There are unlimited choices of baits, rigs, depths of water, structures, and types of fish to target in the Golden Crescent and its tributaries. Productive walleye and northern pike set-ups can be quite simple with patience and persistence and not being afraid to experiment. However, it is always important to remember some main points when figuring out how to troll fish in lakes – especially for walleye. Location is the key to success; you need to be where the fish ARE. This is especially true of walleye because they have a tendency to school so tightly.
Secondly, make sure your baits are in the range where the fish are more active, and present them with a lure that they will respond to. Finally, select a color that gives them maximum visibility and adjust your speed to their feeding habits. Again – speed can sometimes be determined simply by watching your turns to see if they prefer the fast or slow side of the boat.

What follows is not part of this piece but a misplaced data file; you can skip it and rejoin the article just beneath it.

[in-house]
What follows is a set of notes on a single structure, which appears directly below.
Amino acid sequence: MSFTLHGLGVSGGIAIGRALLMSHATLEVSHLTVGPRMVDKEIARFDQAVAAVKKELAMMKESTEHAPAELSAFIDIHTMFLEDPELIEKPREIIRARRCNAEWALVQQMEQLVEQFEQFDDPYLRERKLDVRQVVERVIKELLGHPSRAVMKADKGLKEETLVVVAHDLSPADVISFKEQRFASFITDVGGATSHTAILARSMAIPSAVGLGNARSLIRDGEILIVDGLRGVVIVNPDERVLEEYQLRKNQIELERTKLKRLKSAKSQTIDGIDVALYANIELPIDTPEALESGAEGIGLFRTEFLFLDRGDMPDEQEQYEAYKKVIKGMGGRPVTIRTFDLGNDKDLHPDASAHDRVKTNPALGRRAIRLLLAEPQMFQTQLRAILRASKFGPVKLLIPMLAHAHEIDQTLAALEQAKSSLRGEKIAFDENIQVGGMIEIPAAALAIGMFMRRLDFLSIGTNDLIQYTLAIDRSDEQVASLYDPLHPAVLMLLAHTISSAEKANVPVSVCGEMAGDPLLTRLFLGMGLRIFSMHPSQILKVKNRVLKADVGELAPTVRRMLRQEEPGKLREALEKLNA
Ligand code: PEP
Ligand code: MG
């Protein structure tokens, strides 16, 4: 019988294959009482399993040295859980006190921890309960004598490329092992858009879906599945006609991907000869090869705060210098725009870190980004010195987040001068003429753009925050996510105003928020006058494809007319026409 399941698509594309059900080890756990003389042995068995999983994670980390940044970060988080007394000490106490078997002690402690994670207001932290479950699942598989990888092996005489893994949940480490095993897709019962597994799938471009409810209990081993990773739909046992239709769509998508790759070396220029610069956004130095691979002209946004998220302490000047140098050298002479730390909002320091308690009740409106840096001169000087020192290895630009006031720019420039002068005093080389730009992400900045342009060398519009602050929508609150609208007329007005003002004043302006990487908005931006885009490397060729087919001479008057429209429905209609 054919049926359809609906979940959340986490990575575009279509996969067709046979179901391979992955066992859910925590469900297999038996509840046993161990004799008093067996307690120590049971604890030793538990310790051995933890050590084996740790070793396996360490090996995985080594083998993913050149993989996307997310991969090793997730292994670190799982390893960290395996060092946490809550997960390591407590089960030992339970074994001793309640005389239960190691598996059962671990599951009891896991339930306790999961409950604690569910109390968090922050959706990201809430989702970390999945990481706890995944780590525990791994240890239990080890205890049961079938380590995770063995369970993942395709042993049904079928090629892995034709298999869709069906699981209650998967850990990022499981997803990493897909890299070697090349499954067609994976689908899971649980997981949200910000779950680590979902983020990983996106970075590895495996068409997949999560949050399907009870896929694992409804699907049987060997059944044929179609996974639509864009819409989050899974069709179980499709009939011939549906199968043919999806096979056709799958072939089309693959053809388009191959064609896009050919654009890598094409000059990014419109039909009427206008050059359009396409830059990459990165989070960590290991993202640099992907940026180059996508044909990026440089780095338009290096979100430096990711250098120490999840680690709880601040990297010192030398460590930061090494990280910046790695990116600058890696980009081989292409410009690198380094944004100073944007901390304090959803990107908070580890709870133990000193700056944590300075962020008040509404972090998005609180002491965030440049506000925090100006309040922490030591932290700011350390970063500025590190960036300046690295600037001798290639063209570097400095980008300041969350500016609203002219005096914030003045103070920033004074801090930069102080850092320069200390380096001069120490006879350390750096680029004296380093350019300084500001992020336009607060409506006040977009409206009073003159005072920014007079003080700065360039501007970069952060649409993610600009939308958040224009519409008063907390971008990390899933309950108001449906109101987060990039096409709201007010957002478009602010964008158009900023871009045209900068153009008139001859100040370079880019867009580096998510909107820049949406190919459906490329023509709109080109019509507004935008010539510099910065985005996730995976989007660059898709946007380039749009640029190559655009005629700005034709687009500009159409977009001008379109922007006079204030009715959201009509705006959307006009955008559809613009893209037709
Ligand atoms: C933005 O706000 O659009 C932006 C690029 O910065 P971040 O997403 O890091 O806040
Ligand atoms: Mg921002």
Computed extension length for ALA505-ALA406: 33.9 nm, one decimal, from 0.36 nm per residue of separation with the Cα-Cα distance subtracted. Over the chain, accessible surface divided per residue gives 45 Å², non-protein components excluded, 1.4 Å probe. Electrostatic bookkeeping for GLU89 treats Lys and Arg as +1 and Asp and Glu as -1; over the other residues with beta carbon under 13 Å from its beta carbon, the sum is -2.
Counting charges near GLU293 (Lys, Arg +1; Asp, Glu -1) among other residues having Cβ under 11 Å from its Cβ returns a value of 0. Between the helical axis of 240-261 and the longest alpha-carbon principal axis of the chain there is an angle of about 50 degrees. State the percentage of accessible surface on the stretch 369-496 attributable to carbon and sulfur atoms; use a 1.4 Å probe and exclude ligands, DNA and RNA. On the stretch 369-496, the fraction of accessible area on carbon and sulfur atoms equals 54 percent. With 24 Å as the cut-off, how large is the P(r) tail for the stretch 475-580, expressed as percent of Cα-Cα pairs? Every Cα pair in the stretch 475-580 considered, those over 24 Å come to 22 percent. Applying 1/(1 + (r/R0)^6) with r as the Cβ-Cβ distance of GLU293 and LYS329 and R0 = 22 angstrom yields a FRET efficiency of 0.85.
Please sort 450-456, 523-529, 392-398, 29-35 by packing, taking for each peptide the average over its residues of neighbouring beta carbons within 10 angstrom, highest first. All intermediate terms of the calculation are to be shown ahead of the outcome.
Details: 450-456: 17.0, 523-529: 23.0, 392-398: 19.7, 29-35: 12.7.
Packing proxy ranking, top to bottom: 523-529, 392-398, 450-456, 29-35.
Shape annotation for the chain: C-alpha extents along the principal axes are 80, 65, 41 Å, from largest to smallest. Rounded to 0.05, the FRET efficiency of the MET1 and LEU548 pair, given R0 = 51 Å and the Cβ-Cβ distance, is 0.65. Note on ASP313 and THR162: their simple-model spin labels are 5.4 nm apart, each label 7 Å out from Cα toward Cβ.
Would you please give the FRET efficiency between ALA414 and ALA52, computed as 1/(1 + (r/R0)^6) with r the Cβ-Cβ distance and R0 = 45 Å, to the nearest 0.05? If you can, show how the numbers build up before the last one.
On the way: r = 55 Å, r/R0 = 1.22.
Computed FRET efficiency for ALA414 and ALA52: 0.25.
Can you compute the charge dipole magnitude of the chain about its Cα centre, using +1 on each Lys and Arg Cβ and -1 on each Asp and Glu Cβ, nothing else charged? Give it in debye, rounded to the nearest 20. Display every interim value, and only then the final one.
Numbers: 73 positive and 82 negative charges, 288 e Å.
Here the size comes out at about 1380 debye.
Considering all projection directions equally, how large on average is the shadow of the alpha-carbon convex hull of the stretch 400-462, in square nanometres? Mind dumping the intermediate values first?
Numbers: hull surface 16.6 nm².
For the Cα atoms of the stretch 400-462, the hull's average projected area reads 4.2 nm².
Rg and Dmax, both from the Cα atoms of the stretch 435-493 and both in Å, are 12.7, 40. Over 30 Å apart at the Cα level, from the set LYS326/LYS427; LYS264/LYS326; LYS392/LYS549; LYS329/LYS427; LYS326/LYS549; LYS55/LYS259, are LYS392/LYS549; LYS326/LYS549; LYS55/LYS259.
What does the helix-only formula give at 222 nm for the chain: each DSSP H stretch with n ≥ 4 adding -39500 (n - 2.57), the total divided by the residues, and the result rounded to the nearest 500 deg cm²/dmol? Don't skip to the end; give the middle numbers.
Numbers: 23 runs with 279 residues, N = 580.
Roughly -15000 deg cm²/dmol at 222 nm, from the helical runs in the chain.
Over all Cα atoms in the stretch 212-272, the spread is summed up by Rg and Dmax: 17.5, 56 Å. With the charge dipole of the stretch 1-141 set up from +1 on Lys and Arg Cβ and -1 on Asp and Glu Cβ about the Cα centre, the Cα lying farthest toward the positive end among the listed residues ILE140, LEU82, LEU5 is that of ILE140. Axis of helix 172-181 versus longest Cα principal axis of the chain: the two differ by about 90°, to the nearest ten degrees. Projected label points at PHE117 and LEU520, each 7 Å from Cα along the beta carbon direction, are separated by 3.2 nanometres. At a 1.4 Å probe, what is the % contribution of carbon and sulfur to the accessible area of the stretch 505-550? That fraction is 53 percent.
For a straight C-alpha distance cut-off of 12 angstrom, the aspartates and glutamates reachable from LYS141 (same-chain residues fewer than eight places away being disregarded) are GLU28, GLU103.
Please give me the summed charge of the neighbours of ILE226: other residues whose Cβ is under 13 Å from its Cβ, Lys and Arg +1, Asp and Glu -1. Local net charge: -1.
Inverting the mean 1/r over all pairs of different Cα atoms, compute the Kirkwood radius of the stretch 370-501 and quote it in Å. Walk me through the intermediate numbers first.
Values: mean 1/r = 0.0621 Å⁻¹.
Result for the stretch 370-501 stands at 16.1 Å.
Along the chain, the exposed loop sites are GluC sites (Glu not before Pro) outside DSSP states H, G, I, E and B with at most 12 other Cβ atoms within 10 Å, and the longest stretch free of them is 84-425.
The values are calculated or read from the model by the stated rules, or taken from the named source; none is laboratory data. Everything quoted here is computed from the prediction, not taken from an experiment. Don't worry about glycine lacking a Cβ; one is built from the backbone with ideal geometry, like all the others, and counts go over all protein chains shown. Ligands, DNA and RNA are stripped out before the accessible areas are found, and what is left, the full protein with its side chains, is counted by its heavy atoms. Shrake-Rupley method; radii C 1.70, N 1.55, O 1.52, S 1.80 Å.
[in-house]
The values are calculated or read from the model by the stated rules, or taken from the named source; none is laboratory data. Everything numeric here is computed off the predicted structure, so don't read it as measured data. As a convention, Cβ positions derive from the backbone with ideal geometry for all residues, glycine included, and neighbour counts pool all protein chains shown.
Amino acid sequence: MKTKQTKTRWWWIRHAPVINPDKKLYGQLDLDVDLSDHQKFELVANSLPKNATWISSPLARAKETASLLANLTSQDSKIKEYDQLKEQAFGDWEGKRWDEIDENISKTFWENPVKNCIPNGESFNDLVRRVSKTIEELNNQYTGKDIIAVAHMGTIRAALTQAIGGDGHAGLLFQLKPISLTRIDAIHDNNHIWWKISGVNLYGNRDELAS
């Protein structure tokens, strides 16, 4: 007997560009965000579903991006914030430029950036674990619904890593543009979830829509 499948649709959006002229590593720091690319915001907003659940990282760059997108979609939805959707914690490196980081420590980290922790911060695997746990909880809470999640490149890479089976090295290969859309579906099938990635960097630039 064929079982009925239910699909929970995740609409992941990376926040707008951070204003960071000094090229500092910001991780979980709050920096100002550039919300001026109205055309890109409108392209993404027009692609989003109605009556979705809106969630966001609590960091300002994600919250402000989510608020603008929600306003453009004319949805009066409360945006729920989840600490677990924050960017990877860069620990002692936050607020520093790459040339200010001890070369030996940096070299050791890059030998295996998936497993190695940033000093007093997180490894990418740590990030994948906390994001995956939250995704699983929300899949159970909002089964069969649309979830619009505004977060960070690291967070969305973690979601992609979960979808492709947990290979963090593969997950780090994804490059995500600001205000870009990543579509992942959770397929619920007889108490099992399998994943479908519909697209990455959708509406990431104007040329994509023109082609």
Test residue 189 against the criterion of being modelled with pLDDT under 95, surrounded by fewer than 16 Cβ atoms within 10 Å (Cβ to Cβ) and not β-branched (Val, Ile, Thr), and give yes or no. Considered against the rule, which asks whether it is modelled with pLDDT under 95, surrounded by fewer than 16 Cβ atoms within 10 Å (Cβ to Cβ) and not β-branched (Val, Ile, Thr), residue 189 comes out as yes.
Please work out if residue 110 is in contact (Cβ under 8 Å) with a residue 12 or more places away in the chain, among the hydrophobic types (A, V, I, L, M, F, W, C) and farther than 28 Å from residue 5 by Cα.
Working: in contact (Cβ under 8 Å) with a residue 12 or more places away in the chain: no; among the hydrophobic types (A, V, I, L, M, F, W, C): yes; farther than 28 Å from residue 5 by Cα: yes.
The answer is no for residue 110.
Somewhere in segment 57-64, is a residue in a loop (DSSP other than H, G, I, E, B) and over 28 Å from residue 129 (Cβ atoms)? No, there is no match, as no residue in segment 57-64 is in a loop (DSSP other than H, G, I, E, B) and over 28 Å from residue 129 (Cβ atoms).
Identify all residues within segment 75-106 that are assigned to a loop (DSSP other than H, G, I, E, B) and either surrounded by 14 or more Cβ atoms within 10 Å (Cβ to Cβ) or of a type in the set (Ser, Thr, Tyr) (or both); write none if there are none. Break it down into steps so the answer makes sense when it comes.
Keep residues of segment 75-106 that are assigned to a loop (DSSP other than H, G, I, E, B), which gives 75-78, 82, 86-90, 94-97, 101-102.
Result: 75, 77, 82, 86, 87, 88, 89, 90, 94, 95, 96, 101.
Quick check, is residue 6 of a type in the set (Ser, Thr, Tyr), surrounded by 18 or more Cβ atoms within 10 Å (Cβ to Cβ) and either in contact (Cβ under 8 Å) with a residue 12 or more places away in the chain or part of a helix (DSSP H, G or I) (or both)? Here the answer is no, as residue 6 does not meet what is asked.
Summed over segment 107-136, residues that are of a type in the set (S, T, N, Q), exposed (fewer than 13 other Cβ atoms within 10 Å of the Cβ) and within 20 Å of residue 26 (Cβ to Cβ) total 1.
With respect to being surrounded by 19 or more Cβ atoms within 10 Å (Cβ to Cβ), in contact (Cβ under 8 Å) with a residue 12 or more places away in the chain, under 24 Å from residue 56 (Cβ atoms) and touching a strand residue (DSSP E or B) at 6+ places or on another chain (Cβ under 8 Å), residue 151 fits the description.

Keeping these tips on how to troll fish in lakes in mind, and with a solid effort, hopefully they will help your fishing success; especially if you’re just starting out. Remember to have fun trying, and to take a kid fishing!
Original Article By Captain Bob Dick
About the Author
Captain Bob Dick owns and operates Moby Dick Charters out of Henderson Harbor on Lake Ontario. Captain Bob specializes in sport fishing for trophy walleye, browns, lake trout, king salmon, northern pike and smallmouth bass. He has lived and fished the eastern end of Lake Ontario and tributaries his entire life and is a member of the NYS Outdoor Writers’ Association.